Thursday, 26 January 2012: 1:45 PM
Automated Detection of Gap Wind and Ocean Upwelling Events in Central American Gulf Regions
Room 357 (New Orleans Convention Center )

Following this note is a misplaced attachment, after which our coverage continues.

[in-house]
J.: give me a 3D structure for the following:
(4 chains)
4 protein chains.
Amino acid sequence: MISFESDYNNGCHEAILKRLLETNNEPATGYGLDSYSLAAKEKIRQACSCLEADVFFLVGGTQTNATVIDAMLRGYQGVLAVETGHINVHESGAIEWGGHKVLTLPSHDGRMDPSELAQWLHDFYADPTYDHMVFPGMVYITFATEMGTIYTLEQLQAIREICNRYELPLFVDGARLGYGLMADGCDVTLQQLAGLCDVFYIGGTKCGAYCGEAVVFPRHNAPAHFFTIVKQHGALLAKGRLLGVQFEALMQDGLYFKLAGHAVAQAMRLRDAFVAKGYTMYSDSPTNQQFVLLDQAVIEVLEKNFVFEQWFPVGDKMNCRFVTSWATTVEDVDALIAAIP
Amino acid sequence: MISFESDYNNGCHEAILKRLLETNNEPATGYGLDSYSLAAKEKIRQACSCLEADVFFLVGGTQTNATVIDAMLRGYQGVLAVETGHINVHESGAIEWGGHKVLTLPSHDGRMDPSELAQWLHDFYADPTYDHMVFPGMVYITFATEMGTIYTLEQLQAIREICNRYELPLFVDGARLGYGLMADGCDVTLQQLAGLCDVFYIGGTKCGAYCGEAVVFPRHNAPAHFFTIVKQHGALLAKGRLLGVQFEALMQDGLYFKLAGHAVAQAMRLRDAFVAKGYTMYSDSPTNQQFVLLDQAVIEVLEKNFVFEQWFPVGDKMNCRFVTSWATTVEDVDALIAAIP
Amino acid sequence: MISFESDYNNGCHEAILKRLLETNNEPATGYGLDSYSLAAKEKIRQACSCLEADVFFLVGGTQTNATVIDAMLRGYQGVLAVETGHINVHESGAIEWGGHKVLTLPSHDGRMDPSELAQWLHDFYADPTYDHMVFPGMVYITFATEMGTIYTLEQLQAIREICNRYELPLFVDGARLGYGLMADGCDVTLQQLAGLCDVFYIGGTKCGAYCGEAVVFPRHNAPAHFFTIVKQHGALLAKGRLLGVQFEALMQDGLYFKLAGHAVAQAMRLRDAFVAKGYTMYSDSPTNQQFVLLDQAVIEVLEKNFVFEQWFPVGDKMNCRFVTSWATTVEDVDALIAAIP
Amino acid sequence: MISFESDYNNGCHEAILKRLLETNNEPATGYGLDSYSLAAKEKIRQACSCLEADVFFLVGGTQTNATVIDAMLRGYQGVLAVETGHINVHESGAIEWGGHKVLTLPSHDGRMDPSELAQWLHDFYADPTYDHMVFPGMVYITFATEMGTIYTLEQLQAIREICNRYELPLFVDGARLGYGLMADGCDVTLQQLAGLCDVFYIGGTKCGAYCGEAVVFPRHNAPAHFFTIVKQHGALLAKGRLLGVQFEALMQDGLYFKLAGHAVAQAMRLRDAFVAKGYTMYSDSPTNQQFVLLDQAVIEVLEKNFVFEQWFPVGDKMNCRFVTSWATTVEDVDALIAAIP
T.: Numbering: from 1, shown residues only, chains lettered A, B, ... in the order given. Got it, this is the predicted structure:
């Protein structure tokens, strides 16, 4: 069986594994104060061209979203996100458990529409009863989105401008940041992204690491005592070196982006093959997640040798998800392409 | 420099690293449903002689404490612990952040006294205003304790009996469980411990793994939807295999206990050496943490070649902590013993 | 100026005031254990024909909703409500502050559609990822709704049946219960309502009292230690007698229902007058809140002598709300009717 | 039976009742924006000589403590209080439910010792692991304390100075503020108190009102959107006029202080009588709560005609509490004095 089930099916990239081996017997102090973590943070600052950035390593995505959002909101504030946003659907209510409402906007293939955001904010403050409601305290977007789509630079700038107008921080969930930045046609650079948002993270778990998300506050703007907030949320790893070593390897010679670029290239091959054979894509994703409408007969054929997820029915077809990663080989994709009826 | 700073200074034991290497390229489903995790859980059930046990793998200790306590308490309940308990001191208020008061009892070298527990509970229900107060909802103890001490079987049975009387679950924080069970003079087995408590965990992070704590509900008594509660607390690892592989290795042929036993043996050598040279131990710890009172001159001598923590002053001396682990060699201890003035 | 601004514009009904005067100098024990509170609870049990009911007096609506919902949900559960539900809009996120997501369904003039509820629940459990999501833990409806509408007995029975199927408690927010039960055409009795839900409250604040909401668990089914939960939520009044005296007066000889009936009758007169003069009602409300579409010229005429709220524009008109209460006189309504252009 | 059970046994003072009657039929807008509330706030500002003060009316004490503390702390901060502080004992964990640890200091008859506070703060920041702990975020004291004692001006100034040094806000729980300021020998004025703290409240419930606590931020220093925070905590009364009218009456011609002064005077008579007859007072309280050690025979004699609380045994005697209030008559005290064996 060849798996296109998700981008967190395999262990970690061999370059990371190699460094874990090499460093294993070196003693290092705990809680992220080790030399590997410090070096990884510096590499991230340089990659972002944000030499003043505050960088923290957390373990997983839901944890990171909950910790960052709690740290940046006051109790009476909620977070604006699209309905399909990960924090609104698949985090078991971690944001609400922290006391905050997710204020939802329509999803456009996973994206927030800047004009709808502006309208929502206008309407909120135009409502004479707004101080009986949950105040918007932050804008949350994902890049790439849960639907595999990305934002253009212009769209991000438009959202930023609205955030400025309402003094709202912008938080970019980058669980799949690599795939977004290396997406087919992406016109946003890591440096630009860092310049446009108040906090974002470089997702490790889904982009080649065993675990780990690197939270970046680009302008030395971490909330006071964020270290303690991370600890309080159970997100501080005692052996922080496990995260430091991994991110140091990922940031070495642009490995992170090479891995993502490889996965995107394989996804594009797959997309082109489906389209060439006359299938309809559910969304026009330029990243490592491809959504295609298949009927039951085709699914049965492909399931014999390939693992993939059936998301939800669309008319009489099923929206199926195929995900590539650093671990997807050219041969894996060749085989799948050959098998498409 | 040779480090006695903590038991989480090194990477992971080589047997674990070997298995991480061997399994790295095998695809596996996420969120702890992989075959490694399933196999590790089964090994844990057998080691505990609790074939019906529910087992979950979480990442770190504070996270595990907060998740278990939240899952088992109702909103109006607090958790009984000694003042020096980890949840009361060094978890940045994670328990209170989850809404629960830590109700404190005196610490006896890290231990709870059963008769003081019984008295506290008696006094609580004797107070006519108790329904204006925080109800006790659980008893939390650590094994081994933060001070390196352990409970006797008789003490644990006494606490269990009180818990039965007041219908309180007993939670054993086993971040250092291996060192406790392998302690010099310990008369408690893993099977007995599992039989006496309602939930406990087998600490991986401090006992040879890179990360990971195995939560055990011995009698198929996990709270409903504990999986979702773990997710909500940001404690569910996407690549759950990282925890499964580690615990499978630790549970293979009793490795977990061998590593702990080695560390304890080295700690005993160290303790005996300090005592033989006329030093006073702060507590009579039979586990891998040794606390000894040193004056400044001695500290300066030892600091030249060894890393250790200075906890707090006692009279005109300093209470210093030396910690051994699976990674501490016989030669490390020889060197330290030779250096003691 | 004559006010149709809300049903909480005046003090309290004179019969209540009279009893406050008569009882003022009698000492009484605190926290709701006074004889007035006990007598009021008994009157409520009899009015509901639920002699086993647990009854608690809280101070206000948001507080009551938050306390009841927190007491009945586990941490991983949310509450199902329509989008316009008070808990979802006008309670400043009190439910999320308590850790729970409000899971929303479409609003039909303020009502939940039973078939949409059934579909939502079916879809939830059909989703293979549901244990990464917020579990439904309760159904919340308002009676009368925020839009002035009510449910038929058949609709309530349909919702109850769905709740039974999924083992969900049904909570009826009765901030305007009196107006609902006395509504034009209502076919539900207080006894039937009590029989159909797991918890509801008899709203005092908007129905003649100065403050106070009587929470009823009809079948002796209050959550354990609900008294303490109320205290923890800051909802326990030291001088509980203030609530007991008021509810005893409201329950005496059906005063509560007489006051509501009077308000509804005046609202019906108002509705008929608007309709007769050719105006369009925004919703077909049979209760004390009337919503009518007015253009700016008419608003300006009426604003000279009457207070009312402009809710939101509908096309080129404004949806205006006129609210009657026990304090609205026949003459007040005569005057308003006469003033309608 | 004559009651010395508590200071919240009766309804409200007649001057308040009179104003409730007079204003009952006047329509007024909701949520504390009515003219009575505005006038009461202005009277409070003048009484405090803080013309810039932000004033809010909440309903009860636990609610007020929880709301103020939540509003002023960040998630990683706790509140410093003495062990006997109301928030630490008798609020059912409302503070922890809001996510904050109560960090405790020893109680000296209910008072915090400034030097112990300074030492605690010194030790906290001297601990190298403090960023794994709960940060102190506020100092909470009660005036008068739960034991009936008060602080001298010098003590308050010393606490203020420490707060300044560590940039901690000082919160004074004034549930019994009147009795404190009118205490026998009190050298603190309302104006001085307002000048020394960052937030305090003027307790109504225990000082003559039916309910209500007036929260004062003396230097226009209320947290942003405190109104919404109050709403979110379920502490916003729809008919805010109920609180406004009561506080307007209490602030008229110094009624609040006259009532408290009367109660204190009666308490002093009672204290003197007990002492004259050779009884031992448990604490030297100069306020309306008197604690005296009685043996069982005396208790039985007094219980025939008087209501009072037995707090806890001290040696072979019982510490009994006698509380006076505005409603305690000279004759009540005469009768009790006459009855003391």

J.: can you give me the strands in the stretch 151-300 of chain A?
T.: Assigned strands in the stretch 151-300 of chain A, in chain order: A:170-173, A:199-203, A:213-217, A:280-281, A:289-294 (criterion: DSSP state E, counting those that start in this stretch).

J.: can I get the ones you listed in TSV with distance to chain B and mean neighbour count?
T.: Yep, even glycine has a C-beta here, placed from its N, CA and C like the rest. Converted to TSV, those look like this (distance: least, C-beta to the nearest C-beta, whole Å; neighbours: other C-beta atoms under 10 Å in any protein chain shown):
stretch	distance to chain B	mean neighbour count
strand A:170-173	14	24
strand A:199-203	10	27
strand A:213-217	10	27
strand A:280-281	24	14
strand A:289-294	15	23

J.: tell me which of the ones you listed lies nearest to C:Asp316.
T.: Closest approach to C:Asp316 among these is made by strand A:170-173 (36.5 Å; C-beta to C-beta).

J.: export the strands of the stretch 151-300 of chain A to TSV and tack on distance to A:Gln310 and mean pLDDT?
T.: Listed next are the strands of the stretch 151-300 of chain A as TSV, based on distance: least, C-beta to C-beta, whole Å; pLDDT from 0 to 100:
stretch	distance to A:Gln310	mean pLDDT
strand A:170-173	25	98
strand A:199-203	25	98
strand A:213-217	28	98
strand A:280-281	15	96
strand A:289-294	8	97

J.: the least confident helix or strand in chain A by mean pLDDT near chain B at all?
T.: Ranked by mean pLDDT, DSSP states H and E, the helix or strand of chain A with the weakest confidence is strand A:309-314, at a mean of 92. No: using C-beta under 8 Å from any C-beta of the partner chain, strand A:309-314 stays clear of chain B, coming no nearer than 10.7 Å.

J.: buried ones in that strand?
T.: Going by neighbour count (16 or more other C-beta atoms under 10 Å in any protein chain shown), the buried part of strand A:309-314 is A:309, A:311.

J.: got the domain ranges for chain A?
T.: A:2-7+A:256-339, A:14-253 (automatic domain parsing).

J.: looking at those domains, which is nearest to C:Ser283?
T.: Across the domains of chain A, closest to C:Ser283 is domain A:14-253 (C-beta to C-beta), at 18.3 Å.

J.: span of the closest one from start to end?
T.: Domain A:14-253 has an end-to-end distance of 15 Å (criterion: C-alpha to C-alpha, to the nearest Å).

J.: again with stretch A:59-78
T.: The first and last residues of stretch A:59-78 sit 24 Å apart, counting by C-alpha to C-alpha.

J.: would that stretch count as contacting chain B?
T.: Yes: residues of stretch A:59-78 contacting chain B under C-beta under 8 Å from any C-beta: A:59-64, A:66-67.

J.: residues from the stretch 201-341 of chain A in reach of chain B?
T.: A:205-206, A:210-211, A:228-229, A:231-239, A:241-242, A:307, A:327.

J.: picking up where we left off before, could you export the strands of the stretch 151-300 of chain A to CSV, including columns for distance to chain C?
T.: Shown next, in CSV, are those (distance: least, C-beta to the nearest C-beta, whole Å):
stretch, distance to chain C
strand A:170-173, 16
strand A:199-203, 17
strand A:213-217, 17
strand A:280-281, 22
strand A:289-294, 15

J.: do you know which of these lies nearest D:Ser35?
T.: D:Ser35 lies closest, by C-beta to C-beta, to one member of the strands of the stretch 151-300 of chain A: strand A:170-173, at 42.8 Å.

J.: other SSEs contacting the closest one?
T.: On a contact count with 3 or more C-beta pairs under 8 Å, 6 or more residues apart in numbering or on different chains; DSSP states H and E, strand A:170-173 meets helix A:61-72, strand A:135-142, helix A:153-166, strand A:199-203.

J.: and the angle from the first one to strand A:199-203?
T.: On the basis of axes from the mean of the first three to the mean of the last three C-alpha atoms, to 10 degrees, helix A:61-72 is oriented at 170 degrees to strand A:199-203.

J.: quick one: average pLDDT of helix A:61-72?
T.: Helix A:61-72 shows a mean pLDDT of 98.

Globally, there are numerous locations where wind moving through coastal topology generates jets that often result in cold-water upwelling events. The identification of both the wind jet and upwelling events are important to researchers as well as commercial and military interests. Many of these wind jets occur at relatively remote locations where in situ measurements can be sparse. This NASA-funded project is demonstrating how remotely sensed satellite data derived products for wind and sea surface temperatures can be used to detect both wind jet and upwelling events. An automated intelligent algorithm was developed to detect gap wind and ocean upwelling events at gulf regions of Central America using Cross-Calibrated, Multi-Platform (CCMP) ocean surface wind product and Optimally Interpolated Sea Surface Temperature (OISST) product. Hierarchical thresholding and region growing methods are used to extract regions of strong winds and temperature anomalies. A post processing step further links the detected events to generate time series of these events. Though developed for Central America regions, the algorithm is being extended to apply to other coastal regions so that detected event products are globally consistent. Through collaboration with the Global Hydrology Resource Center (GHRC), a NASA Distribute Active Archive Center, a resulting climatology of wind jet and upwelling events at known geographic locations will be available as a resource for other researchers. Likewise, through integration of the project's analysis techniques with the GHRC's data ingest processing, the identification and notification of new or current events will likewise be openly available to research, commercial and military users. This paper provides a report on the preliminary results of applying the team's approach of identifying and capturing events for selected mountain gap jet locations. Also discussed are plans for the analysis of additional geographic sites as well as the application of the technique to other types wind/upwelling events.